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Marine energy introduction

Abundant natural resources, innovative funding proposals, political consensus, and world-class engineers mean that there is enormous potential for Scotland to pioneer commercial marine energy and become a global leader in this emerging source of renewable energy.

More than just a drop in the ocean?

Marine energy has a part to play in society’s energy challenge, especially given concerns about climate change and the security, sustainability and cost of oil and gas supplies. The UK has agreed to source 15% of its energy from renewable sources by 2020, with a commitment to target an 80% reduction in CO2 emissions by 2050 (compared to 1990 levels). Westminster is proposing that approximately a third of the UK’s electricity is generated from renewable sources by 2020. Holyrood has more ambitious targets of 50% by 2020.

Scotland has always led the UK in renewable energy; its hydro-electric power stations have been producing ~10% of Scotland’s electricity for decades. New technologies will be required to meet the 2020 target of 50% of electricity to be sourced from renewable technologies, and marine energy has the potential to provide 10% of Scotland’s electricity by 2020.

Wave and tidal energy prototypes are being deployed and tested in the ocean for the first time, many of them in Scotland. There are key challenges to successful commercialisation:

  • Technology - installing wave and tidal devices in energetic seas is challenging
  • Funding - capital support to design, manufacture and install first generation prototypes in the real ocean environment
  • Skills - transferring subsea and marine experience from the North Sea oil and gas industry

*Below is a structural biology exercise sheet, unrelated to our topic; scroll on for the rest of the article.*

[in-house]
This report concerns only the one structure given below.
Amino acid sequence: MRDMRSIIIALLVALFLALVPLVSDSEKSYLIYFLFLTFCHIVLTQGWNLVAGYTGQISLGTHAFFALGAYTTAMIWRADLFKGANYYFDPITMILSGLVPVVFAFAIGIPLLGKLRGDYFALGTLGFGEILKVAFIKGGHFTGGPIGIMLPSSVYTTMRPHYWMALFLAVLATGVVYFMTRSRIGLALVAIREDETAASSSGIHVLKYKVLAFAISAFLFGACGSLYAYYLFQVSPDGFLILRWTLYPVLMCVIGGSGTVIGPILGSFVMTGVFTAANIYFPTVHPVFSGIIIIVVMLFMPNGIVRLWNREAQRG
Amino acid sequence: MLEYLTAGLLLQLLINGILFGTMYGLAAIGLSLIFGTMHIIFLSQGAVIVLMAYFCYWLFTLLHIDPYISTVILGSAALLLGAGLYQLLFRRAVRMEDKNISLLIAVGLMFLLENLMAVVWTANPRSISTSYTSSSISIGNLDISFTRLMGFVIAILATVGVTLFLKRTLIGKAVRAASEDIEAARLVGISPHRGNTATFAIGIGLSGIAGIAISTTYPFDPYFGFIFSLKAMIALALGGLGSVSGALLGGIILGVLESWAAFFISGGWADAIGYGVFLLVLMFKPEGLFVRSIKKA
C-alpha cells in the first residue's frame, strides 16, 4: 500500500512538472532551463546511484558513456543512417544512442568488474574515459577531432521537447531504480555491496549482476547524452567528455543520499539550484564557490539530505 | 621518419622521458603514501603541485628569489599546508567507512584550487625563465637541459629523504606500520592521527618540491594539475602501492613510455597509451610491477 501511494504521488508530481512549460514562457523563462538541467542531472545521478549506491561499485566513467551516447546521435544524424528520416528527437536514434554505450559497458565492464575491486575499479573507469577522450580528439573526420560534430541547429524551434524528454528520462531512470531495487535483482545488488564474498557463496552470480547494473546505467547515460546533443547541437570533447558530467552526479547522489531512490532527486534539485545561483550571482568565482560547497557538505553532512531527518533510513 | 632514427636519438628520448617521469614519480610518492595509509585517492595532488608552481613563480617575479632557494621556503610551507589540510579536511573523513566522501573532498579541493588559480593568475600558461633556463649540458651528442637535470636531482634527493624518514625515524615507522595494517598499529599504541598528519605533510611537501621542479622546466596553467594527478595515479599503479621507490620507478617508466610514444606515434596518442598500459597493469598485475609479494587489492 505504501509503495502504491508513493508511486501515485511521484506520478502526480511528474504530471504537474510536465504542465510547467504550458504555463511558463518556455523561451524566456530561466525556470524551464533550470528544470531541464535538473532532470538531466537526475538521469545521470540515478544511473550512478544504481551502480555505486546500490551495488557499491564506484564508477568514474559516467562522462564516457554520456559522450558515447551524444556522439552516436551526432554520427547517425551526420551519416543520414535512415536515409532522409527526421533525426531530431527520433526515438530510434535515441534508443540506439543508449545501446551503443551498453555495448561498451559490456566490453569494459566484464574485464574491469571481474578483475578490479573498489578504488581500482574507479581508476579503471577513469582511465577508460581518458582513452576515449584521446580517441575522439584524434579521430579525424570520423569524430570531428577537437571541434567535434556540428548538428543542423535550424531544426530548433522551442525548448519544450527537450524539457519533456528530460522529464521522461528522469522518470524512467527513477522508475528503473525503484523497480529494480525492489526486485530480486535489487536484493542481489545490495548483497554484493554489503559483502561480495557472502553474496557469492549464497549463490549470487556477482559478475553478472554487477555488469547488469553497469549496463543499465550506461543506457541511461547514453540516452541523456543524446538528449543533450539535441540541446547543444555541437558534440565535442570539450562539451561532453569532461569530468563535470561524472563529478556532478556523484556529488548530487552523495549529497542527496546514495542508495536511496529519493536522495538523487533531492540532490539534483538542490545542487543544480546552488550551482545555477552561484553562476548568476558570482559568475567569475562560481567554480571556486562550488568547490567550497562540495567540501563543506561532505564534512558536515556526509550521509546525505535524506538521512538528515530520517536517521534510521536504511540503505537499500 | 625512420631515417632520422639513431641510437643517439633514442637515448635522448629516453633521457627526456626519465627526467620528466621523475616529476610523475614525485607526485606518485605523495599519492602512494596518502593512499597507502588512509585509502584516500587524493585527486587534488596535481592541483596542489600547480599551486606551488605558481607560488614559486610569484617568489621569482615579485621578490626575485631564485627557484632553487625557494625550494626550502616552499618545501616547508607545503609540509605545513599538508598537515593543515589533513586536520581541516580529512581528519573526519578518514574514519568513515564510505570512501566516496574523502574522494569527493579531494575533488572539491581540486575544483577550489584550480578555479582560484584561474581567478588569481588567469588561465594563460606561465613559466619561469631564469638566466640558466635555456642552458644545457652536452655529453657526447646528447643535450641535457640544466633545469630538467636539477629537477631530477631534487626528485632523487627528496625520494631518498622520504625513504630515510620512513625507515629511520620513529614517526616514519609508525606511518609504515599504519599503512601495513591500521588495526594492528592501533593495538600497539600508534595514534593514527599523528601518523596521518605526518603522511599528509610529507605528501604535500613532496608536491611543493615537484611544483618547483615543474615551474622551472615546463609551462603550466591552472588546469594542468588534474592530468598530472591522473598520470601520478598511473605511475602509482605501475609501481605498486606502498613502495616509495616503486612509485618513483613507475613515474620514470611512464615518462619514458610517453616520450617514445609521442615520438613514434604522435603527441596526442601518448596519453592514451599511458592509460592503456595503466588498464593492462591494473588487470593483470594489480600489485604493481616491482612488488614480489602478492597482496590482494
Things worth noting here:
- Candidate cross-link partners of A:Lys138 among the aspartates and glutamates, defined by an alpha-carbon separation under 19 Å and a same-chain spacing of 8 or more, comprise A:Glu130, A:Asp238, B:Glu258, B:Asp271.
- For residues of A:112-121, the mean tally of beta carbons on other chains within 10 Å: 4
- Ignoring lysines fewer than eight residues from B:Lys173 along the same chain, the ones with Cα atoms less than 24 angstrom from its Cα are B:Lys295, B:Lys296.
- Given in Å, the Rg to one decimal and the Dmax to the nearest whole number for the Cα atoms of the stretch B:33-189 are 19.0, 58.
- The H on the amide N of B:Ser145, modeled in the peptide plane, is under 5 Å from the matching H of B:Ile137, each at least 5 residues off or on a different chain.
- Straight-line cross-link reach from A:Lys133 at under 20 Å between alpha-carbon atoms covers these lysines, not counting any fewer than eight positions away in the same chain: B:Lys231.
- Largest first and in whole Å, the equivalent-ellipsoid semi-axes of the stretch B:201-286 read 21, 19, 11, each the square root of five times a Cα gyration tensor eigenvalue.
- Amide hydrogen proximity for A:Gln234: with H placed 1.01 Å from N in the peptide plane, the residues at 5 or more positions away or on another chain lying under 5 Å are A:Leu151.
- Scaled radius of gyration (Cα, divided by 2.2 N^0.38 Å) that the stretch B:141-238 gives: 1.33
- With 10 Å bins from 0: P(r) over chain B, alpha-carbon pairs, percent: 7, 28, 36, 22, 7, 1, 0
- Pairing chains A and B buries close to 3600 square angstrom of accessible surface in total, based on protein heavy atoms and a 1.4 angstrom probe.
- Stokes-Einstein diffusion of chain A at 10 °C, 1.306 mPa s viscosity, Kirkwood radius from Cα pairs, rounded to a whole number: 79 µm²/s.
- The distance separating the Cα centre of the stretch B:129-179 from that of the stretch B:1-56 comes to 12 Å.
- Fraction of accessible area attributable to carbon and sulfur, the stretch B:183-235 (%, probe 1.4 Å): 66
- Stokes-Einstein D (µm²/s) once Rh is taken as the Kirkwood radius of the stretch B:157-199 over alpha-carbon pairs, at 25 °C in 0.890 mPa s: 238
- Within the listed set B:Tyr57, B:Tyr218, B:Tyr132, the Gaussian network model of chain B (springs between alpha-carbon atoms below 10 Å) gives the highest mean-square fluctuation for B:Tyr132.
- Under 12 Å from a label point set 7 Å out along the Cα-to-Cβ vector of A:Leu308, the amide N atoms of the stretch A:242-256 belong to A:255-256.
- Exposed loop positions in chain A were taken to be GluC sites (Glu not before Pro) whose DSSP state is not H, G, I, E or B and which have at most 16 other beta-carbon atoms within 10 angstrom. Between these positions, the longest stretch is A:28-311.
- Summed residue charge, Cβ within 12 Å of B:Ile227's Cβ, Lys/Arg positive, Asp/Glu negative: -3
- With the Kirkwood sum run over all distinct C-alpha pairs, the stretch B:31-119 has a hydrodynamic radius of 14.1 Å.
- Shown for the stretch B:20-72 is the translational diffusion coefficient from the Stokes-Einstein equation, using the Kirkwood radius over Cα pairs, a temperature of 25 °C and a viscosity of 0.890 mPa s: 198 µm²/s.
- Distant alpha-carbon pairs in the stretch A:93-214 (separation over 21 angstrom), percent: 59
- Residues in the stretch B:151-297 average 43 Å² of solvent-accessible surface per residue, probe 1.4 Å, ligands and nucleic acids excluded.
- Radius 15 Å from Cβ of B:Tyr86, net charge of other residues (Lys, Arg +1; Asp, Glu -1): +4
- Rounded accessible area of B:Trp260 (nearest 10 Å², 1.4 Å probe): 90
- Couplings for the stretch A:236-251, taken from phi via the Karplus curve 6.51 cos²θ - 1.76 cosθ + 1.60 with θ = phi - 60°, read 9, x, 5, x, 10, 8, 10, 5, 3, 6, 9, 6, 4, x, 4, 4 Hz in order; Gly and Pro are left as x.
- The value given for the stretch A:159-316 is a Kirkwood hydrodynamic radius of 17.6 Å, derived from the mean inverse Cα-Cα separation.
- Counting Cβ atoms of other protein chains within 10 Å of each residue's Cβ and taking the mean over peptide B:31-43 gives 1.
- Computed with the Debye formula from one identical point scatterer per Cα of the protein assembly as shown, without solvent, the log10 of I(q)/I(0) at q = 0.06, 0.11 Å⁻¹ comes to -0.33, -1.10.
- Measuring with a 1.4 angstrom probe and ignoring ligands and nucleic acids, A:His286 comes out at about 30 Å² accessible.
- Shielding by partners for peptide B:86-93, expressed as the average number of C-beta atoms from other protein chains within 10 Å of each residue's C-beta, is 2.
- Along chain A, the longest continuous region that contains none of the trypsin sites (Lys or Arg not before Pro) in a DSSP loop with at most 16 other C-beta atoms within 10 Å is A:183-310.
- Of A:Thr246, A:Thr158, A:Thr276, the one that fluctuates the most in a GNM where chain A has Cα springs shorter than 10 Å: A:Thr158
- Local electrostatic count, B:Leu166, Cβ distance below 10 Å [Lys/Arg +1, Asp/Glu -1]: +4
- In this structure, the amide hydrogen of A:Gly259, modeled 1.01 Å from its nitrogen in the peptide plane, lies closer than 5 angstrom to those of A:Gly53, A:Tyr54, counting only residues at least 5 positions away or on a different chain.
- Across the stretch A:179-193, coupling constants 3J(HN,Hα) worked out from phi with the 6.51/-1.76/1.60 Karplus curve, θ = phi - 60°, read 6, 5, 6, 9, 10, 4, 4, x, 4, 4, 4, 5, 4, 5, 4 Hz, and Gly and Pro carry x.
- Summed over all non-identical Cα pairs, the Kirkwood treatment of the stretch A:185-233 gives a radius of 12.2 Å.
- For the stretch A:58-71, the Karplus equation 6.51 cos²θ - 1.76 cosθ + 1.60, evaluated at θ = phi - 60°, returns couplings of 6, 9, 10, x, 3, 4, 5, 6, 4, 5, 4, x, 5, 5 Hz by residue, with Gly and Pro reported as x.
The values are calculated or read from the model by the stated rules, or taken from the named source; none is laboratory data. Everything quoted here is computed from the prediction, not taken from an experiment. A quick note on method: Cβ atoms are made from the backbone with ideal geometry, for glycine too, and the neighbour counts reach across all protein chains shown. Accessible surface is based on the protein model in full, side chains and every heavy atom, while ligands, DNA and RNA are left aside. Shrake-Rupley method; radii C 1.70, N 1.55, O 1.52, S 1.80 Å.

• Grid capacity - delivering grid capacity in regions of marine energy potential

Our report: Marine energy in Scotland

The Institution’s Marine Energy report addresses these challenges and makes the following recommendations for the Scottish Government and other stakeholders:

  1. Political leadership. Marine energy enjoys cross-party support, and strong, consistent political leadership mitigates perceived political risk amongst investors
  2. Funding. A £40M fund would ensure that a sufficient range of well-engineered wave and tidal energy technology can be tested in the ocean environment
  3. Infrastructure. Grid infrastructure solutions are required to allow marine energy in Scotland to play its part in meeting the UK’s renewable energy targets

Scottish marine energy would create sustainable wealth from technology, manufacturing and engineering support, and contribute to climate change targets. Scotland is uniquely placed to exploit natural advantages to achieve this. Its waters could potentially produce 25% of Europe’s tidal power and 10% of its wave power.

The North Sea oil and gas industry guarantees a pre-existing a concentration of subsea and marine engineering skills and infrastructure, while Scottish academic institutions and technology developers are at the vanguard of research in marine energy.

To secure the prize, Scotland must act now to ensure that a sufficient range of well-engineered wave and tidal energy technology is tested in the ocean environment.

Read the full report (PDF, 4Mb)

Learn more about marine energy sources

Tidal Power

Tidal power, sometimes called tidal energy, is a form of renewable energy that converts the energy of tides into electricity or other useful forms of power. Although not yet widely used, tidal power has potential for future electricity generation.

Wave Power

Wave power refers to the energy of ocean surface waves and the capture of that energy to produce electricity.


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Engineering Policy Unit 

Our Engineering Policy Unit works closely with members to raise the profile of engineers and engineering potential, to generate discussion and provide thought leadership.

Read our policy-related Themes and reports